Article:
Kampala — For banks to deepen financial inclusion and encourage entrepreneurship among the youth, they need to critically understand that particular target audience, the managing director, Centenary Bank has said.
While presenting a paper on enhancing banking systems that support youth entrepreneurship and development at the recent 9th Commonwealth Youth Ministers’ Meeting at Munyonyo, Mr Fabian Kasi, also the chairman of the Uganda Bankers’ Association, said: “Financial institutions must study and understand the unique needs and challenges of the youth to be able to design appropriate products and services that will empower the youth, make them appreciate the banking space and provide financing.”
According to Global Entrepreneurship Monitor (GEM), the world’s foremost study of entrepreneurship, while almost 10 per cent of Ugandans started a business in 2015, a fifth of individuals aged 18 to 64 have also discontinued a business in the past year, partly because of limited or no financing.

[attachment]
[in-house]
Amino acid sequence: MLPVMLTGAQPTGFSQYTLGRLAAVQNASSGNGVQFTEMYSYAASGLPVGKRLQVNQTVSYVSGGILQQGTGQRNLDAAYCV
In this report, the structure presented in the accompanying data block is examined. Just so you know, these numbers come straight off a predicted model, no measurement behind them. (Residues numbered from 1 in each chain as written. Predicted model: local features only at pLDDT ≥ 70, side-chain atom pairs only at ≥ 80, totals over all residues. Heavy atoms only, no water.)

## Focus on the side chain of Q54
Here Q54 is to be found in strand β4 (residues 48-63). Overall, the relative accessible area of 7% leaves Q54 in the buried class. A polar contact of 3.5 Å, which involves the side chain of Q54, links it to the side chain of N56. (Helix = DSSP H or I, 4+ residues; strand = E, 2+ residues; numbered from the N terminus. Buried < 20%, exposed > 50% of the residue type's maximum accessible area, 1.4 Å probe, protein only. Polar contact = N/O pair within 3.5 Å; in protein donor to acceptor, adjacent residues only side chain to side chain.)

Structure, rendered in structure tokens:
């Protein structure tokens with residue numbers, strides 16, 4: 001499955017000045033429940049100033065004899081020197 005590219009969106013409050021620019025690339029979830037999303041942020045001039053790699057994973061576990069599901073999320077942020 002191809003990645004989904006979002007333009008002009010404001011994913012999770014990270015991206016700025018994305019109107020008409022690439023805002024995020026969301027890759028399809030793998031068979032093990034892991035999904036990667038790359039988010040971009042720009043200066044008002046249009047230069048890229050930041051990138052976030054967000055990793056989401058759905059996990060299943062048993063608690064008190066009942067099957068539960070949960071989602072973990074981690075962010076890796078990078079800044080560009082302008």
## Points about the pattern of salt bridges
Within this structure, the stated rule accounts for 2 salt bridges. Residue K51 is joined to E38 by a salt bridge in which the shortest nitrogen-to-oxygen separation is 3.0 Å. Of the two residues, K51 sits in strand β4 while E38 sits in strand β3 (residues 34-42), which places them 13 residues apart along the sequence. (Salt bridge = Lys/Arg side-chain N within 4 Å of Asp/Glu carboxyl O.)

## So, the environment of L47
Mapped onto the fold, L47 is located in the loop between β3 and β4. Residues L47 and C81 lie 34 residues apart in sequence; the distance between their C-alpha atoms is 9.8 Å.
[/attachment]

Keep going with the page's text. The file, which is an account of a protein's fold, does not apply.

GEM points it out that young entrepreneurs in particular have “generally low” growth expectations; few innovate or vary product lines and creating an additional business is more common than expanding an existing one.
Mr Kasi said banks have also developed partnerships with various private and public organisations to boost financial literacy as well as extend loan facilities to the youth to enable them improve their livelihoods.
“In 2012, Centenary Bank was among the banks that government selected to partner with Kampala Capital City Authority to extend loans at subsidised rates to the youth under the Youth Venture Capital Fund and since then the bank has disbursed $20 million in form of loans to more than 13,000 youth,” he said.
The government’s Youth Venture Capital Fund offers individuals loans at 15 per cent on up to Shs25m payable over three years. The programme targets youth aged 18 to 30 years.
The meeting, whose theme was; Resourcing and Financing Youth Development; Empowering Young People, brought together more than 200 senior government representatives from the 52 Commonwealth countries.